Jammin, Too!: The Sequel

Last week, my friend Magda in The Netherlands posted a nectarine jam with a hint of lemon on her wonderful blog, My Little Expat Kitchen with its beautiful photography and amazing recipes. I’d already done the photography for a blog on jam making, so I’d need a new title for my planned post on jam making: thus, Jammin’, Too!

Our mini tagine that Nancy and Ray brought us back from Morocco!
Yep, that's a reference to all those (mostly bad) sequel movies out there. Jaws II, Blade II, Hangover II, Bloodfist II. (Was there really a Bloodfist I? And, pray tell, why are there six more after that?) Let’s hope this post falls in the category of good sequels: Toy Story II and III, Indiana Jones, Harry Potter and the Chronicles of Narnia.

When I go fruit picking, my excitement leads me to over pick. While I grew up in a home that valued good, well-balanced meals, I don't think we ate fruit fresh from a tree, bush or vine very often. With the exception of farm-stand tomatoes and corn, fruit came from a supermarket and lacked real flavor. Happily, we were spared the horrors of Styrofoam tomatoes, and my mother wouldn't buy corn except at a farm stand (and most likely knew the farmer by name).

Now, by way of overcompensation, when I’m in a field resplendent with raspberries or an orchard of trees heavily laden with peaches or apples, I can't stop myself. My common-sense meter shuts down and I pick as much fruit as I can carry. Each fruit I see is better than the last, and the next is even better. I tell myself I’ll have no problem using all this fruit in the coming week.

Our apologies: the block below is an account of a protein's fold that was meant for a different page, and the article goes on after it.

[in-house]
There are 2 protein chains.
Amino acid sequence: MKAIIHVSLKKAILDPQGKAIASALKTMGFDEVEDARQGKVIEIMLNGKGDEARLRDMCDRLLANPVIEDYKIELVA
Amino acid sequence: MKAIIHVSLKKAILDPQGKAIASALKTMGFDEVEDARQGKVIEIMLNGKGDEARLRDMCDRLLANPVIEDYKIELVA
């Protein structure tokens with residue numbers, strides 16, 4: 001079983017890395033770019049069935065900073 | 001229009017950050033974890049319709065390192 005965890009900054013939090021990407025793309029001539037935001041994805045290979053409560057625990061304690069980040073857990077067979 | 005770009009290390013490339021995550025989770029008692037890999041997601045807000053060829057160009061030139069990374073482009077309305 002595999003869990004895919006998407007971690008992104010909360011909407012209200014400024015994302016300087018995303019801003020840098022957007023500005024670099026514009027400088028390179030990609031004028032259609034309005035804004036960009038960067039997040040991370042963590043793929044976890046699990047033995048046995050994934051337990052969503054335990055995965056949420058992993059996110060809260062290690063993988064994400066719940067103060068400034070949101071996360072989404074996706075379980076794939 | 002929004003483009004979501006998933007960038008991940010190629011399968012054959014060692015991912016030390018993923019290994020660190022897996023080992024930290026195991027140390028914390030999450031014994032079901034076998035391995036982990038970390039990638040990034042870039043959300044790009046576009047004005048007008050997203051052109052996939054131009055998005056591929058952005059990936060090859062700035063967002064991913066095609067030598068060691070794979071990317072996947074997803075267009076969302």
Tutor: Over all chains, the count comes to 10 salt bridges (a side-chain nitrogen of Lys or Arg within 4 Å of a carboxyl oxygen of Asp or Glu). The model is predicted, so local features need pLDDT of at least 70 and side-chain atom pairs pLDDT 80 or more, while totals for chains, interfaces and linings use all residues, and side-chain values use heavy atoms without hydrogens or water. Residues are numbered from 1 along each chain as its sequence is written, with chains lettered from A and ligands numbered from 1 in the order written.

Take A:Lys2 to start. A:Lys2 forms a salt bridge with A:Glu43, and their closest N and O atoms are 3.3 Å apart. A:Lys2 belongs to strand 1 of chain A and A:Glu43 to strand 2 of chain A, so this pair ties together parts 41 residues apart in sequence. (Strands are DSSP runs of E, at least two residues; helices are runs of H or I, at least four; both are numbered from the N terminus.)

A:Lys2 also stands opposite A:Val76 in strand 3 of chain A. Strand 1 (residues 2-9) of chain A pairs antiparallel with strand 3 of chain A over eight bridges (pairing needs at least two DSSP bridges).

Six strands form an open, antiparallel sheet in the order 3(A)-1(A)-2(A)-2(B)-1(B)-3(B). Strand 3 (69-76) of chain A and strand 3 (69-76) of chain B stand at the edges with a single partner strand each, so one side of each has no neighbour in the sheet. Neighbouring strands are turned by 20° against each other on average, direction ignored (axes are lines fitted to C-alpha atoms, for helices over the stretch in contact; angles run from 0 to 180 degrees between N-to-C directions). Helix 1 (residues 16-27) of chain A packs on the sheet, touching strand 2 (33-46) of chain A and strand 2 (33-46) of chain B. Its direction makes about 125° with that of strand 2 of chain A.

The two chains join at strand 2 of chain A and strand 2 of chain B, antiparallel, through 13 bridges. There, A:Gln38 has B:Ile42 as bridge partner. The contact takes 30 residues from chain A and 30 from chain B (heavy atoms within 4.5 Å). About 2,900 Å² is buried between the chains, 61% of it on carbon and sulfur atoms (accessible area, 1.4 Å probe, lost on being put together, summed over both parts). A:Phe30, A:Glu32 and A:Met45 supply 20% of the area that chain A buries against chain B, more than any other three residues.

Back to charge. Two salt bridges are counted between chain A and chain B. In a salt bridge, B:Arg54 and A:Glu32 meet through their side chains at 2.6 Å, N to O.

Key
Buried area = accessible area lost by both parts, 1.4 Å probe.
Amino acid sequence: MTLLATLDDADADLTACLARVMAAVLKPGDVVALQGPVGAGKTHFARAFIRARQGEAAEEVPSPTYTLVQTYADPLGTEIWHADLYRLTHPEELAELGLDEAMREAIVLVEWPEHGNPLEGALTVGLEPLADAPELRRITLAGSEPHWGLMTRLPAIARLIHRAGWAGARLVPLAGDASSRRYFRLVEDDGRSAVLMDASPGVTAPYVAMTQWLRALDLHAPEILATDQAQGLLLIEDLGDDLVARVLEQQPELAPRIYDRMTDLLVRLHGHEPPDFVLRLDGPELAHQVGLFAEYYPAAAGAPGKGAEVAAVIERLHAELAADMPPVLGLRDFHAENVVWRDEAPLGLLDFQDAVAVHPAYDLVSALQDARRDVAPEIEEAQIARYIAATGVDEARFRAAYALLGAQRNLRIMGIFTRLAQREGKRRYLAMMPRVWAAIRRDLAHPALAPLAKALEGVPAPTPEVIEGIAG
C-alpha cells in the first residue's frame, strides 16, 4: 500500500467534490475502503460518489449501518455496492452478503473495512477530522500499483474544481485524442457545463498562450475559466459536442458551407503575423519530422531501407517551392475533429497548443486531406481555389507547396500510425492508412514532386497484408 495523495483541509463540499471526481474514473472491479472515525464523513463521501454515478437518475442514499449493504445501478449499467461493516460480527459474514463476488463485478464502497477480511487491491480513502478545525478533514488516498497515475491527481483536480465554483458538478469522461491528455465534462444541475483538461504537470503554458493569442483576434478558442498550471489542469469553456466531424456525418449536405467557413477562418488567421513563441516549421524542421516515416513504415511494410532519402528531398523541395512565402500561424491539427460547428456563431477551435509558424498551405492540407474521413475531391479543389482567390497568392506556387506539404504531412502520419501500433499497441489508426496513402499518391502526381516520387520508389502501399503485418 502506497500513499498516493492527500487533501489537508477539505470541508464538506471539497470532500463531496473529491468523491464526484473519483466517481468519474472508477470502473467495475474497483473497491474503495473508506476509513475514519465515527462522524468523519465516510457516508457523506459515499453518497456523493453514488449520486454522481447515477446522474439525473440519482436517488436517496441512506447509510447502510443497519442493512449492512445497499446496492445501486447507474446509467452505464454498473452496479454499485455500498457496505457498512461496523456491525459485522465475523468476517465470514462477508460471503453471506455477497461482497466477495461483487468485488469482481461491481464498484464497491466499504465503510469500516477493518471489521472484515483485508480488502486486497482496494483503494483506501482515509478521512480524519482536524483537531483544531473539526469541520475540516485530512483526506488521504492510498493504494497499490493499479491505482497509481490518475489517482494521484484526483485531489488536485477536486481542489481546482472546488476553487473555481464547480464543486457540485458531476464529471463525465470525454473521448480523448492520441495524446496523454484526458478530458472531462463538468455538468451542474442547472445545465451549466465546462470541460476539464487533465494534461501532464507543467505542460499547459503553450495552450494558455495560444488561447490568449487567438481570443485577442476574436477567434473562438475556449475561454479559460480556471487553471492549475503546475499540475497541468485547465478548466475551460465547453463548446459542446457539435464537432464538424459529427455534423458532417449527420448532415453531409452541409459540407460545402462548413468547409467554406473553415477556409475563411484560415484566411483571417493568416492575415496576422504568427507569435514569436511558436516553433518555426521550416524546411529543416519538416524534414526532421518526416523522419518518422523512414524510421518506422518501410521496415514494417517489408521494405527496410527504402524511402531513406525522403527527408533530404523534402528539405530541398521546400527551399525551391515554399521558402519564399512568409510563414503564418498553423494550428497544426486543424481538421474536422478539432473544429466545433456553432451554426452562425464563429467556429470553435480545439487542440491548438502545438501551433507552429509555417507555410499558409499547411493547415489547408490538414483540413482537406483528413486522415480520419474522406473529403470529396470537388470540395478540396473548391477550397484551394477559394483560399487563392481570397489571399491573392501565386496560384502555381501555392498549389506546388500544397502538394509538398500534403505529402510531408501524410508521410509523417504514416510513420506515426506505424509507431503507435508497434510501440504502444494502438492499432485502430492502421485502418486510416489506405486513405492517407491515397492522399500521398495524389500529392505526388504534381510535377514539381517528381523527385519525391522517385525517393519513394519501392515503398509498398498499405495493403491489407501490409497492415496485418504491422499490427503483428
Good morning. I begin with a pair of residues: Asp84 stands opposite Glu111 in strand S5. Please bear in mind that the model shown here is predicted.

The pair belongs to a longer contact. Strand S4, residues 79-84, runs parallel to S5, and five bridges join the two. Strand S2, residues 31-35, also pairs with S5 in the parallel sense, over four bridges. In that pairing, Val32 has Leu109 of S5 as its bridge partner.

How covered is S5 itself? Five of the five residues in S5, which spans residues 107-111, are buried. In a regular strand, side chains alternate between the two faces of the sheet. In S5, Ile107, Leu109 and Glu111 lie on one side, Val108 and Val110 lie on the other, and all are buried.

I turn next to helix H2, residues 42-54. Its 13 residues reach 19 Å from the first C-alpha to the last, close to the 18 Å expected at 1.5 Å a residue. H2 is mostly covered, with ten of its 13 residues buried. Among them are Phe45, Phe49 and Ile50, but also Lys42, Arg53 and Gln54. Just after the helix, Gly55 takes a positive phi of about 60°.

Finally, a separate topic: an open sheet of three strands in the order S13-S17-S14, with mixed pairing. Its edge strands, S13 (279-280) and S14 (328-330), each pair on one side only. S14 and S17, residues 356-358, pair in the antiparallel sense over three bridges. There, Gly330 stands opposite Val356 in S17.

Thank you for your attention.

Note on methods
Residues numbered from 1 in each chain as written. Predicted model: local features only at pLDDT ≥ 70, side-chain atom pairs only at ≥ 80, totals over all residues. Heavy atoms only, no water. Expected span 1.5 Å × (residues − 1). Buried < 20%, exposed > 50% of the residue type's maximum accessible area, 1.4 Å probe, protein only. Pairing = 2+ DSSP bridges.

When we headed for Apple Annie's orchard a couple of weeks ago, I was going to pick just enough for the peach frangipane tart with a few extras to nibble on. I picked perhaps six pounds more than I needed. What was I thinking? It was time to jam in the kitchen!

Also, it’s about time you see a bit more lavender from me. After all, the name of the blog is Cocoa and Lavender. And northern Arizona is emerging as a center for farm-raised culinary lavender - check our Red Rock Farms. Thus today’s jam recipe and, in a couple of weeks, a lemon-blueberry tart with a lavender short crust. I’ll also make an apple crostata with a lavender-rosemary crust, so you might see that here soon, too.

As we get to the end of August and the lavender fields of Provence (and northern Arizona) are coming to the end of their season, my season for cooking with lavender seems just to be starting!

Chow for now! (or is that "ciao for niao?")

~ David

Lavender-infused Peach Jam

2 tablespoons culinary lavender buds
1/2 cup water
4 1/2 pounds ripe peaches
Scant 4 cups sugar
Juice of 1 lemon

Bring lavender buds* and water to a boil. Remove from heat and let steep while you prepare the fruit.

Fill a large bowl with ice water.

Bring a large pot of water to a boil. In batches, drop peaches in the water for 45-60 seconds then remove and immediately put in ice water. When all peaches have been blanched and refreshed in ice water, slip the skin off the fruit and discard.

Cut peaches in half, pit them, then slice into a large soup pot. Add sugar and stir, then let macerate for 20 minutes. Strain the lavender water into the peaches, add lemon juice and stir.